Saloon Fight at the Economics Corral
Economist Miles Corak, one of the world’s leading experts on economic mobility, has written a devastating take-down of the core of two recent pieces by the Brookings Institution’s Scott Winship. Winship has been arguing that President Obama, his economics team, and many others on the political left are wrong to claim that economic mobility has been on the decline in recent decades. But, as Corak documents, it is Winship that is misreading the data.
Winship’s first piece was written in response to President Obama’s much-commented-on speech last December in Osawatomie, Kansas, where the president argued that a child born into poverty today has a lower chance of reaching the middle class –about 33 percent– than a child born into poverty just after World War II –about a 50 percent chance.
Writing in the National Review Online, Winship said that the president’s “claim of falling upward mobility … rang false” and is “contradicted [by] most of the research that has been conducted to date.” Winship’s criticisms focused on some pretty technical issues in research conducted by Berkeley economist David Card, one of the country’s foremost labor economists and winner of the 1995 John Bates Clark medal. After reviewing Card’s numbers, Winship concludes that upward mobility today “is no worse than it has ever been and it does not translate into a general lack of opportunity for the middle class.”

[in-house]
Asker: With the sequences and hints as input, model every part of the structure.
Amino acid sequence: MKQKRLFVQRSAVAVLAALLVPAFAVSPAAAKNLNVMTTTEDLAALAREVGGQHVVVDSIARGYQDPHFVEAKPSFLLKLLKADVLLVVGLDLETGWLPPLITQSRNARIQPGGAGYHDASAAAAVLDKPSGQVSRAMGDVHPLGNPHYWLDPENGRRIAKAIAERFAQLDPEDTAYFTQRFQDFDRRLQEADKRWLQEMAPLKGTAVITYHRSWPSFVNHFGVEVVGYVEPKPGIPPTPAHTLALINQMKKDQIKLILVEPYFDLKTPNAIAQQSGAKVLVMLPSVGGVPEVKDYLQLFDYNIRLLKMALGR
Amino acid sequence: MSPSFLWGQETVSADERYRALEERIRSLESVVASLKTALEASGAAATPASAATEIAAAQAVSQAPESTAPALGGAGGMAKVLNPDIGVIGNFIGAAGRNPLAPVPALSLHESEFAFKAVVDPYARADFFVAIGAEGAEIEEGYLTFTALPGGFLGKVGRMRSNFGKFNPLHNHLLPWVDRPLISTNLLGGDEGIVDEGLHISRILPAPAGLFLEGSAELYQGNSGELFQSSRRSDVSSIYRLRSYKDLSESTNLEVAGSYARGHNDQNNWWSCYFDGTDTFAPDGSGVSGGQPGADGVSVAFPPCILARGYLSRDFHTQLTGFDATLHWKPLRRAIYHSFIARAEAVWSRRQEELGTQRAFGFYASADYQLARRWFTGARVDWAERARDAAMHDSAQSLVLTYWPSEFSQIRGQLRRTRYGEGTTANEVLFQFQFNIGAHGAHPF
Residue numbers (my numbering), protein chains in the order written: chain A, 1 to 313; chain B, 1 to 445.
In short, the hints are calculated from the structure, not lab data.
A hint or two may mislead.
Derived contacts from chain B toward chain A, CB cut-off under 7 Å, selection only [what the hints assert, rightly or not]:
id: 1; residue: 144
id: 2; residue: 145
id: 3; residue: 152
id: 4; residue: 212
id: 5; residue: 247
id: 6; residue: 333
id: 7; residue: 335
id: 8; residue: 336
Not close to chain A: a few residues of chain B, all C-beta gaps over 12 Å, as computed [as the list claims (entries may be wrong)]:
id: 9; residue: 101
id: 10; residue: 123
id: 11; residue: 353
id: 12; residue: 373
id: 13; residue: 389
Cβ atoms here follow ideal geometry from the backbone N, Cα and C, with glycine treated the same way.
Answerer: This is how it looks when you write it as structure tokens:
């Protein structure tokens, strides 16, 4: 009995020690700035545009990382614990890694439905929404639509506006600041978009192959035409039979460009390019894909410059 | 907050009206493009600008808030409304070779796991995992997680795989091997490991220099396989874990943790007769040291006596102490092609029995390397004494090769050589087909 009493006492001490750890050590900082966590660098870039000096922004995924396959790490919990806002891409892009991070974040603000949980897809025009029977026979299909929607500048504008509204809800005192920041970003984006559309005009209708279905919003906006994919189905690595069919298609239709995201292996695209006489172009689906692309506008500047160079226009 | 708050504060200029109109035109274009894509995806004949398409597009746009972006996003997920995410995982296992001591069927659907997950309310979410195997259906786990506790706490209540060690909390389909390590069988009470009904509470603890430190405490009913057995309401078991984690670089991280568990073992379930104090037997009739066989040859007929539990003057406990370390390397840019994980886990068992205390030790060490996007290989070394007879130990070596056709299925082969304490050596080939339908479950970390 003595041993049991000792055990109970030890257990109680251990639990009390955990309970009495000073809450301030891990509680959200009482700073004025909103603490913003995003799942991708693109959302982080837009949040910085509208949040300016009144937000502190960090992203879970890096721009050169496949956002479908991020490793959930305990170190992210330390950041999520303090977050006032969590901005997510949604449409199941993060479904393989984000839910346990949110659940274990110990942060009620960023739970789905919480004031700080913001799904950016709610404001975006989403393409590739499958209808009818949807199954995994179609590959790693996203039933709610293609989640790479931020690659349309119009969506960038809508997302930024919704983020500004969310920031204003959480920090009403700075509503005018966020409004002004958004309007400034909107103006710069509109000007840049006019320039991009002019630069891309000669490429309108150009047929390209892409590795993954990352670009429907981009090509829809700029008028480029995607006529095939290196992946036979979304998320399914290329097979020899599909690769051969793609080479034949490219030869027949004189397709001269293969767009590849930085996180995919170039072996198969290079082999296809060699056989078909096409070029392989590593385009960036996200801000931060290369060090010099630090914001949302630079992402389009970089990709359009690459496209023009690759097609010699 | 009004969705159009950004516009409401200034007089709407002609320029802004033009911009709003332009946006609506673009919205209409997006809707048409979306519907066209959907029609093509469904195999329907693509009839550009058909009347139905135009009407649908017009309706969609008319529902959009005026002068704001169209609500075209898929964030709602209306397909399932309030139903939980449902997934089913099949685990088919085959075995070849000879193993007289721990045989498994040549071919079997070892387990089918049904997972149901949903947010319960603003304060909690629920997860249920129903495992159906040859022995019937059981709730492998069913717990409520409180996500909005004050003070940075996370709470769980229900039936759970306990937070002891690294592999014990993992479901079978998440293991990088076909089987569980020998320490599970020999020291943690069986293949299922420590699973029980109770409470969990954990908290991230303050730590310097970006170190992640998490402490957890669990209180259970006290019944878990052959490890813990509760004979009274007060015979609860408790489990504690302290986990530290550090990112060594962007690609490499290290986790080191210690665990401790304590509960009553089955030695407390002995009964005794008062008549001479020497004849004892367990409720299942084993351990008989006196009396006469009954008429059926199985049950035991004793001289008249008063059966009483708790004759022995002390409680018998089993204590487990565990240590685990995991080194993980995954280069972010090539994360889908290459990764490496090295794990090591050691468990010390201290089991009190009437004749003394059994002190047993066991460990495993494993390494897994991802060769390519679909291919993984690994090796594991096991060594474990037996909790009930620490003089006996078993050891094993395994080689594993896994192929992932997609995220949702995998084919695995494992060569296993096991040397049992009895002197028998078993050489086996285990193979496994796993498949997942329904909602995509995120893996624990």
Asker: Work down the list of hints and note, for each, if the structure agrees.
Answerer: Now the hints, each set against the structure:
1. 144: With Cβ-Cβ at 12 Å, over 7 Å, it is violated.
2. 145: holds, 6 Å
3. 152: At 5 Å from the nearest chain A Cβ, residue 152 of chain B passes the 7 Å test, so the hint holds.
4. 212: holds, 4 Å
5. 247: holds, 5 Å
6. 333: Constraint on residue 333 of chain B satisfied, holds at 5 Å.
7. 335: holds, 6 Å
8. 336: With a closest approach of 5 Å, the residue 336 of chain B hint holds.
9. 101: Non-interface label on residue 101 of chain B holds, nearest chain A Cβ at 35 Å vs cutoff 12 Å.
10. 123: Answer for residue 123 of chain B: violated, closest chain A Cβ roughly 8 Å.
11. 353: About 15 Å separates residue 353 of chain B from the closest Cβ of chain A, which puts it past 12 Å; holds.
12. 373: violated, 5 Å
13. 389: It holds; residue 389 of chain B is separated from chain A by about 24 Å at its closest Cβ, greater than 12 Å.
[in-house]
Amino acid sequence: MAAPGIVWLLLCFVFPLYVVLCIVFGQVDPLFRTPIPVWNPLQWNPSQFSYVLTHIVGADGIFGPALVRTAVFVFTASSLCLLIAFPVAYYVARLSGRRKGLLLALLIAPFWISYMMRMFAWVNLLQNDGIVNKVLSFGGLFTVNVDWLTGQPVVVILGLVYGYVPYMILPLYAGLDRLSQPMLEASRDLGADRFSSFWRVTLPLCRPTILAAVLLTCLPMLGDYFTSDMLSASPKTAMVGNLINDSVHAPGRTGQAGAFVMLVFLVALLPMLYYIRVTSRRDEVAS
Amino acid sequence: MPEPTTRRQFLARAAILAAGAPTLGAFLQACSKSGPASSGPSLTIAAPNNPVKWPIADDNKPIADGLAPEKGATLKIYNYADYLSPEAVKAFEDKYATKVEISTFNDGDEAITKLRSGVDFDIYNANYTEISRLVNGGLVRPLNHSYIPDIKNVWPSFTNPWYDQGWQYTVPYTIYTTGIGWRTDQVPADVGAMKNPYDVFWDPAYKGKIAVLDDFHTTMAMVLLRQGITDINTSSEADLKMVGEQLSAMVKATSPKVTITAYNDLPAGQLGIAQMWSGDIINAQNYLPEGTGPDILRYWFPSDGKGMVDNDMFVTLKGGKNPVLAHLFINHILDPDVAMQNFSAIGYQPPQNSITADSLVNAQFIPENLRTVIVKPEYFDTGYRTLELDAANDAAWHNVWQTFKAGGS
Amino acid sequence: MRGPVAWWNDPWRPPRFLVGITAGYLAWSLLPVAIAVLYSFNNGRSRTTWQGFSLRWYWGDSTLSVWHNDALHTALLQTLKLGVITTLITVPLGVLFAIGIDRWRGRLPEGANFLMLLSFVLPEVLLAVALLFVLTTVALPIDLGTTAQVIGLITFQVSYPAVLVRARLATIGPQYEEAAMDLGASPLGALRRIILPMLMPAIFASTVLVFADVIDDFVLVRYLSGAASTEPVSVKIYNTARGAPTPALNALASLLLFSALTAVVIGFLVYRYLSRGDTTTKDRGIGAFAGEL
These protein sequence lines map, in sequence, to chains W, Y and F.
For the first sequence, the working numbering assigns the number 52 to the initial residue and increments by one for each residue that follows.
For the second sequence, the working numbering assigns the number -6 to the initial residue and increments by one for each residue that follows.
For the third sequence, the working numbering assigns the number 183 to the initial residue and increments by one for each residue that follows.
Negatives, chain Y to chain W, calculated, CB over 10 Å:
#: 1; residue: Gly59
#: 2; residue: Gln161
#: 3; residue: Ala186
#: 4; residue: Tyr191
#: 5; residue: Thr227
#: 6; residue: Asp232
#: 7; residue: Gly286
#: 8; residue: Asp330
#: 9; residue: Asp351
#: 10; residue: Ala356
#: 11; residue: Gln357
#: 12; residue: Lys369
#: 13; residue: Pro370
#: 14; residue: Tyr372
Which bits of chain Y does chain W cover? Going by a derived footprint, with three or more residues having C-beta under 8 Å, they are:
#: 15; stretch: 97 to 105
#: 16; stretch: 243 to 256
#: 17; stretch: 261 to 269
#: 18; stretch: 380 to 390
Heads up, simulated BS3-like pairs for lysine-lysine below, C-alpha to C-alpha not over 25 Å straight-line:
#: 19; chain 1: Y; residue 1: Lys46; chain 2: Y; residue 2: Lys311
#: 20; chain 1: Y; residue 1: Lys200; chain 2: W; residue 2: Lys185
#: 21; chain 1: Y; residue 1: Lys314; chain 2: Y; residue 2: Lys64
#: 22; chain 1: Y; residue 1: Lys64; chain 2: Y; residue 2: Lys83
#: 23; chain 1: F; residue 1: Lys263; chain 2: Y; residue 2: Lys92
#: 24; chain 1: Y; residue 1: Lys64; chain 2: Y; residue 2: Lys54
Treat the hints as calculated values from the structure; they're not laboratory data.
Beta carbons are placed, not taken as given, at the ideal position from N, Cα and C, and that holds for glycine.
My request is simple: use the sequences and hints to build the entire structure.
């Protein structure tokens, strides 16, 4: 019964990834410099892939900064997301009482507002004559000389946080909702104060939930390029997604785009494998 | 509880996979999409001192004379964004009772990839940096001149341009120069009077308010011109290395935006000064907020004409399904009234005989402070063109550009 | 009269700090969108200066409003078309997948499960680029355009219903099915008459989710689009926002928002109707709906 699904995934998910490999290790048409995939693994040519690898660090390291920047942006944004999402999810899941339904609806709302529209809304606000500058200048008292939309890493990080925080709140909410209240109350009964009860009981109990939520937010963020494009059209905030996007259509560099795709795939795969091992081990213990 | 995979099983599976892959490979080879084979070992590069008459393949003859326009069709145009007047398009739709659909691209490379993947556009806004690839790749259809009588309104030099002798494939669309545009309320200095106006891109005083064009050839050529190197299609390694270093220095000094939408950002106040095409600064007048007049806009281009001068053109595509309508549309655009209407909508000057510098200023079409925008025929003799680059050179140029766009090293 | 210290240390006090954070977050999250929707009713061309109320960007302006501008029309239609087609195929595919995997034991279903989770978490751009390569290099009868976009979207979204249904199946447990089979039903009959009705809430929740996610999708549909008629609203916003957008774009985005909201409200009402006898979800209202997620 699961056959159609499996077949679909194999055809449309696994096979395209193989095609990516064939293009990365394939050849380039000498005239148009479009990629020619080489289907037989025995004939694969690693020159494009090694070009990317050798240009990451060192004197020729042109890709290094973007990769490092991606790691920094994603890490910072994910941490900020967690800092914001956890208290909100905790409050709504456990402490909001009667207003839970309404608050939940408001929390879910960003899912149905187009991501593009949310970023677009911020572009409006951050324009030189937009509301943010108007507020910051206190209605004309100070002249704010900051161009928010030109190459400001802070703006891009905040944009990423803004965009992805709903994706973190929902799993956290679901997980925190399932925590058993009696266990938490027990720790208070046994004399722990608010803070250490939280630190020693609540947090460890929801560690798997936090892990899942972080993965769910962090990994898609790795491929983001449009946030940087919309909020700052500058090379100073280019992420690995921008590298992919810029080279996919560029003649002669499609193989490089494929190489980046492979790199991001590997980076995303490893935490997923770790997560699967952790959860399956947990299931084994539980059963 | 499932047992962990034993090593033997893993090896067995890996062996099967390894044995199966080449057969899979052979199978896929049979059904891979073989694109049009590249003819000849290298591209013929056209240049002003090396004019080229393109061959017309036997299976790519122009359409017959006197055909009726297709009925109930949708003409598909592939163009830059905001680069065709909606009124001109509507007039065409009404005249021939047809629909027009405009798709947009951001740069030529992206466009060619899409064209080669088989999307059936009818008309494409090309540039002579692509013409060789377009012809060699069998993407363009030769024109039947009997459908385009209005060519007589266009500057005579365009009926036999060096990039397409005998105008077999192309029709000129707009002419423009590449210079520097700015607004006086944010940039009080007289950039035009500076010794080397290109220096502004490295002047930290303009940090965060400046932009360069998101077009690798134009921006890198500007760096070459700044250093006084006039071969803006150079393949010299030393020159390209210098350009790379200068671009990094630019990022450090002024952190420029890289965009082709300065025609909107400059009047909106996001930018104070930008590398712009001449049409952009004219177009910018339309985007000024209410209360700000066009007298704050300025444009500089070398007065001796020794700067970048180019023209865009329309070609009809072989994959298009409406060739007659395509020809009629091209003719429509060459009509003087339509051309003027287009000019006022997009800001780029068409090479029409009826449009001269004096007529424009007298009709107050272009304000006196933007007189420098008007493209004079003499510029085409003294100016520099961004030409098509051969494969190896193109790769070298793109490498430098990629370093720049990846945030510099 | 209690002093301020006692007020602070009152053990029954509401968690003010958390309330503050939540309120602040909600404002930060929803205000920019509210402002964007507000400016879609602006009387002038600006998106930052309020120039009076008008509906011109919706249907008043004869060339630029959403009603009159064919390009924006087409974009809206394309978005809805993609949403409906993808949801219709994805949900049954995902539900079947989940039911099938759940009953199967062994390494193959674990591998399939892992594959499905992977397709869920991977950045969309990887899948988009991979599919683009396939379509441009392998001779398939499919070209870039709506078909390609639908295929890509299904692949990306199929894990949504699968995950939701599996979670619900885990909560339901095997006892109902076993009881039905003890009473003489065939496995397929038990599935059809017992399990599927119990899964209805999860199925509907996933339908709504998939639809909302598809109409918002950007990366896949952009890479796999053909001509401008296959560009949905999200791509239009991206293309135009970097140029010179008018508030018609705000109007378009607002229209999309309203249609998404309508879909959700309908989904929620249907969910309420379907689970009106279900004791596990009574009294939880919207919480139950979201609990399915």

Next, Winship took aim at the chair of President Obama’s Council of Economic Advisers, Alan Krueger, another prominent labor economist who was at Princeton before joining the Obama administration in 2009. In a speech last week at the Center for American Progress, Krueger presented what he called “The Great Gatsby Curve,” a graph (see above) that shows a strong relationship across rich countries between higher levels of economic inequality and lower levels of economic mobility.
Winship called out Krueger in a guest post at Reihan Salam’s blog at the National Review Online, calling Krueger’s speech “deceitful.” Again, Winship’s piece revolves around a number of technical points in Krueger’s analysis, and again, Winship concludes: “The data indicate that it is no less true today than it was in the past that poor children can make a better life for themselves.”
But, here is where Miles Corak steps in. At his personal site, Corak writes that Winship “does a disservice to a well-established literature on generational mobility.” After Corak’s own detailed review of the data, Corak arrives at a pretty damning series of conclusions: “All of Winship’s statistical concerns with estimates of the generational elasticity have been addressed since the beginning of this literature”; “Winship’s questioning of the robustness of the empirical literature on the intergenerational elasticity by citing one study is misleading”; “Making projections is tricky, but not because of anything Winship says”; and, finally, Alan Krueger “got his facts right.”
UPDATE: Winship has already posted a lengthy response to Corak, at Salam’s National Review Online blog. I’m guessing this isn’t the last of it.
UPDATE 2: And Corak.
UPDATE 3: Justin Wolfers, at the Freakonomics blog, scores the fight for Corak, saying it’s “not even close.”